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Notes: Sophomore album from this D.C./Baltimore synth-folk crew, which now has five full-time members instead of just one.
"Displays a unique gift for melody and composition that deserves praise."
Charles Ubaghs 2009-09-08
It’s fitting that Washington DC’s Le Loup have named their second album Family. The band’s debut, The Throne of the Third Heaven of the Nations’ Millennium General Assembly (named after a famous piece of 20th century outsider art) fused electronic beats, spectral vocals and banjo-plucked melodies into a bold, inventive LP that also happened to be a one-man bedroom project created by Le Loup’s founder, Sam Simkoff – with some assistance from his friend and current bandmate Christian Ervin.
A one-man act needs to eat, though, so Simkoff put a musicians wanted ad up on popular classifieds website Craigslist and recruited multiple respondents to help him recreate his singular cyber-folk live. In the process, his solo endeavour was transformed into a fully-fledged band.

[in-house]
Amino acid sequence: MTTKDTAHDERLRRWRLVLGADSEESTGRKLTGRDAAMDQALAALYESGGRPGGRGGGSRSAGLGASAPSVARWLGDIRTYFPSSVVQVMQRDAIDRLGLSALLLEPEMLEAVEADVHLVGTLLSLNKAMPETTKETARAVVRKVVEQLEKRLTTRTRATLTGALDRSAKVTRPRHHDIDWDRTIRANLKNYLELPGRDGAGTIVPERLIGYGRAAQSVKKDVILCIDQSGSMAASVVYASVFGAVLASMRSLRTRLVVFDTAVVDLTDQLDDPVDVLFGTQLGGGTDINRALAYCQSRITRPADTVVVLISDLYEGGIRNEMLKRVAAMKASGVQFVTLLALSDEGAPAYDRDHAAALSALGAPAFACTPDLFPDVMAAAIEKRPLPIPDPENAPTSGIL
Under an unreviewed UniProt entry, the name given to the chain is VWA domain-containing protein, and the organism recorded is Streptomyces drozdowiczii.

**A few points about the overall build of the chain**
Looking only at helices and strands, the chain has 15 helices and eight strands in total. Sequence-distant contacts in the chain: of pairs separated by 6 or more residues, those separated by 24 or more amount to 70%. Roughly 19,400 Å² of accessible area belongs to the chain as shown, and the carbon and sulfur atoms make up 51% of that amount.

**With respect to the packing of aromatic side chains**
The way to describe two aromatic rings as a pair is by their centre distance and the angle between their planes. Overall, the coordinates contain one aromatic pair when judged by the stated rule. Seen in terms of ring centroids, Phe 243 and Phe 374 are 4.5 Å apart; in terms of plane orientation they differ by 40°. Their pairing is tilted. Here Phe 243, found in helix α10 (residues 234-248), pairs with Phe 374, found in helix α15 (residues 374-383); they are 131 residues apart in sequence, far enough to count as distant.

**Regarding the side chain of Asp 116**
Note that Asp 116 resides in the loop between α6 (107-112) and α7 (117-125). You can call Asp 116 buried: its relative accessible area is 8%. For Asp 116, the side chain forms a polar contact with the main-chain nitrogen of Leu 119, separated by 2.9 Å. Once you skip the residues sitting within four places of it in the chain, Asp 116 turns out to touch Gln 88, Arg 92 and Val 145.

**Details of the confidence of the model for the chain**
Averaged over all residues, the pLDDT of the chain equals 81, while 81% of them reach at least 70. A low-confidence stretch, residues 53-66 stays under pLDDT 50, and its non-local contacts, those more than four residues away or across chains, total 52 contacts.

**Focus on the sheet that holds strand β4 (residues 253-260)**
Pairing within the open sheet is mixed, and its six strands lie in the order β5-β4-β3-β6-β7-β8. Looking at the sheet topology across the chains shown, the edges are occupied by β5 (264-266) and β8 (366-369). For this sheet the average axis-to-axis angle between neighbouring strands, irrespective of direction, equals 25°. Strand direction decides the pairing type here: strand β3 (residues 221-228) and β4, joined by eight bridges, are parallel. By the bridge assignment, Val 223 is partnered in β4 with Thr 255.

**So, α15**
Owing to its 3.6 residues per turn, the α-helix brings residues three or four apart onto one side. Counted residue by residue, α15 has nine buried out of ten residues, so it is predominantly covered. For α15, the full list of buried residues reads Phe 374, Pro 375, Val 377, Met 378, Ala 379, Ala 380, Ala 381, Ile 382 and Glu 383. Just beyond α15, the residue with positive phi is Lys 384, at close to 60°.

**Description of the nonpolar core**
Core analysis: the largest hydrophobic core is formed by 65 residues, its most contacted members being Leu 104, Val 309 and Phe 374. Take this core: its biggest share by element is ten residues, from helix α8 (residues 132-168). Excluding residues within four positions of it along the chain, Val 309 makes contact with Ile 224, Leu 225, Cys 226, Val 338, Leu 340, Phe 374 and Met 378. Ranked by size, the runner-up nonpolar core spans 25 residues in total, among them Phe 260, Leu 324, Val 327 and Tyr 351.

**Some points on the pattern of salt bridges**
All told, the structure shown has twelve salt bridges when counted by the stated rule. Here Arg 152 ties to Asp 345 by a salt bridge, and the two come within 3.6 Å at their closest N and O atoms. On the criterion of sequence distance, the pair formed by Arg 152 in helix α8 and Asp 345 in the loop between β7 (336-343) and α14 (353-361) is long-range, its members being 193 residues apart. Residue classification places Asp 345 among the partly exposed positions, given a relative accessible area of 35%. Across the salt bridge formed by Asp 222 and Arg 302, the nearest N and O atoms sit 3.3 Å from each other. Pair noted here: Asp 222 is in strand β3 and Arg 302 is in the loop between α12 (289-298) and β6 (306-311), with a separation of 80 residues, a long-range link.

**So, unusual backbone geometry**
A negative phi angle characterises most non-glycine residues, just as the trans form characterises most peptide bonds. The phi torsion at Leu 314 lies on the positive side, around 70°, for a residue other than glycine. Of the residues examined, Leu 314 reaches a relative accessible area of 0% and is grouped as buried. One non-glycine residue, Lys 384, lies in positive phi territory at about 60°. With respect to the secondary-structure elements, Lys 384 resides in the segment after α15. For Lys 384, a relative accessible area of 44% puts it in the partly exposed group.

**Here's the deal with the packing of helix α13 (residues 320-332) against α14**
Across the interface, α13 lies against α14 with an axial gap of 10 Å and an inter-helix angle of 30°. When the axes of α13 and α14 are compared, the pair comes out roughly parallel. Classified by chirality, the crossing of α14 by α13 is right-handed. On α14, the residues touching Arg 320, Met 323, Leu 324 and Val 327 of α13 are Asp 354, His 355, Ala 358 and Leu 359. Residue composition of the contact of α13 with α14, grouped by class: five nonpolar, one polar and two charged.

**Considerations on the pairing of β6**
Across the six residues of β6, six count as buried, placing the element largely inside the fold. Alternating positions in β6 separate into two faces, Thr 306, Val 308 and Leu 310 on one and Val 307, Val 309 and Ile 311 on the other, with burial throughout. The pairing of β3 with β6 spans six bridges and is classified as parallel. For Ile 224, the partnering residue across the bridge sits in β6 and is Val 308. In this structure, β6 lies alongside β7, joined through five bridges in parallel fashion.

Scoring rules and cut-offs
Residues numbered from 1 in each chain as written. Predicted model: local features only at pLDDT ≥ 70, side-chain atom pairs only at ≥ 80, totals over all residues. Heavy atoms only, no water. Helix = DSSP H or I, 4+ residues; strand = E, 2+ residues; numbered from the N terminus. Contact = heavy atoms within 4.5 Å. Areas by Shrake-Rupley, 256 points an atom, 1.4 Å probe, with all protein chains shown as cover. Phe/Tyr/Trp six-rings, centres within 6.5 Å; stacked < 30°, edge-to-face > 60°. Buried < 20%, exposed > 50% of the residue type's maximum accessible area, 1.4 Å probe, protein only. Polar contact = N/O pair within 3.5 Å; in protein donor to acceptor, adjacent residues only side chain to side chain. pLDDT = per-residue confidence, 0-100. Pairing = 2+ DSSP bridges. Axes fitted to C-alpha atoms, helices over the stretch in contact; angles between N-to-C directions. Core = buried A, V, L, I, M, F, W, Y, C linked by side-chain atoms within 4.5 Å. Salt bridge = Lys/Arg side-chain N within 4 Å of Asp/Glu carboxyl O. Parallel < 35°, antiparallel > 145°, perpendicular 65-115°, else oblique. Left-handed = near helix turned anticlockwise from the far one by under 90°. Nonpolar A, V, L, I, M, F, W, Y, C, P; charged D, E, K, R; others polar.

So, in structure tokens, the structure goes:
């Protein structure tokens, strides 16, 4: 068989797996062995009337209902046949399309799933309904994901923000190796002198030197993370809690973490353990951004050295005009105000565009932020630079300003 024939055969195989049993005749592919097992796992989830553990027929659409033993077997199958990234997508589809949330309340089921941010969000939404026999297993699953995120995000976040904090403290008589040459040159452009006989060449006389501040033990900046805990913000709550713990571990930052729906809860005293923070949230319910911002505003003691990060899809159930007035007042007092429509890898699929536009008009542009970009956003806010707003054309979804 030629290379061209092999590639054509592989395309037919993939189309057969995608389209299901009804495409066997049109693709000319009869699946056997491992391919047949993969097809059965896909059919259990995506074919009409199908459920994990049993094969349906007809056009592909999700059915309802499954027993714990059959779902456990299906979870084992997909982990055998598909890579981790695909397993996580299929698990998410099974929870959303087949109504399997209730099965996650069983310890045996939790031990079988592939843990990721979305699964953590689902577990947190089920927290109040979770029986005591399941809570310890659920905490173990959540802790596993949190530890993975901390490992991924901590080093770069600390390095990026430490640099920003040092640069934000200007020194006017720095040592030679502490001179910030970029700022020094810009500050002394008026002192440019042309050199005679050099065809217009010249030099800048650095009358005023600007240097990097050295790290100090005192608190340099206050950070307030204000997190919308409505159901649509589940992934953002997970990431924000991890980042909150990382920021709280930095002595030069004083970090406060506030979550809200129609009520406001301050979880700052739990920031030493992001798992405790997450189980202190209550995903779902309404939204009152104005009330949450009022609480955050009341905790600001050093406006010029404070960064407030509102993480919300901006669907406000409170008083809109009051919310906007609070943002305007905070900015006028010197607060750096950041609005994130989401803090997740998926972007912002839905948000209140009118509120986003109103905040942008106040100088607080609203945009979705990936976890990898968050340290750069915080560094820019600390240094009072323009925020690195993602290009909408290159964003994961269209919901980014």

Which brings us back to the title of Le Loup’s second album. Made by a group of now closely-knit people, Family jettisons the sound of Le Loup the man and instead embraces the sound of Le Loup the band. Gone are the electronic flourishes that punctuated their debut. Instead, we get forays into dense psychedelic pop that heavily relies on the organic noises developed by the band since they became a touring entity.
Tipping a collective hat towards the current leading lights of the US indie fraternity, the pounding drums and tribal chanting of Forgive Me comes over all Arcade Fire down by the campfire with Animal Collective. Morning Song’s choirboy melodies recall Grizzly Bear at their most direct, and Neahkahnie perfects the Brian Wilson goes chamber-folk formula that made Fleet Foxes such a firm favourite among many a critic and listener last year.
Of course, this may read like Le Loup are simply chasing the tails of every other act to come out of Brooklyn in the past few years, but that would be doing the band a disservice. Family, and its electronic predecessor, displays a unique gift for melody and composition that deserve the praise showered upon the band’s like-minded peers.
Here’s to Le Loup, then: an unsung group of individuals coming together to create something we should all be paying close attention to.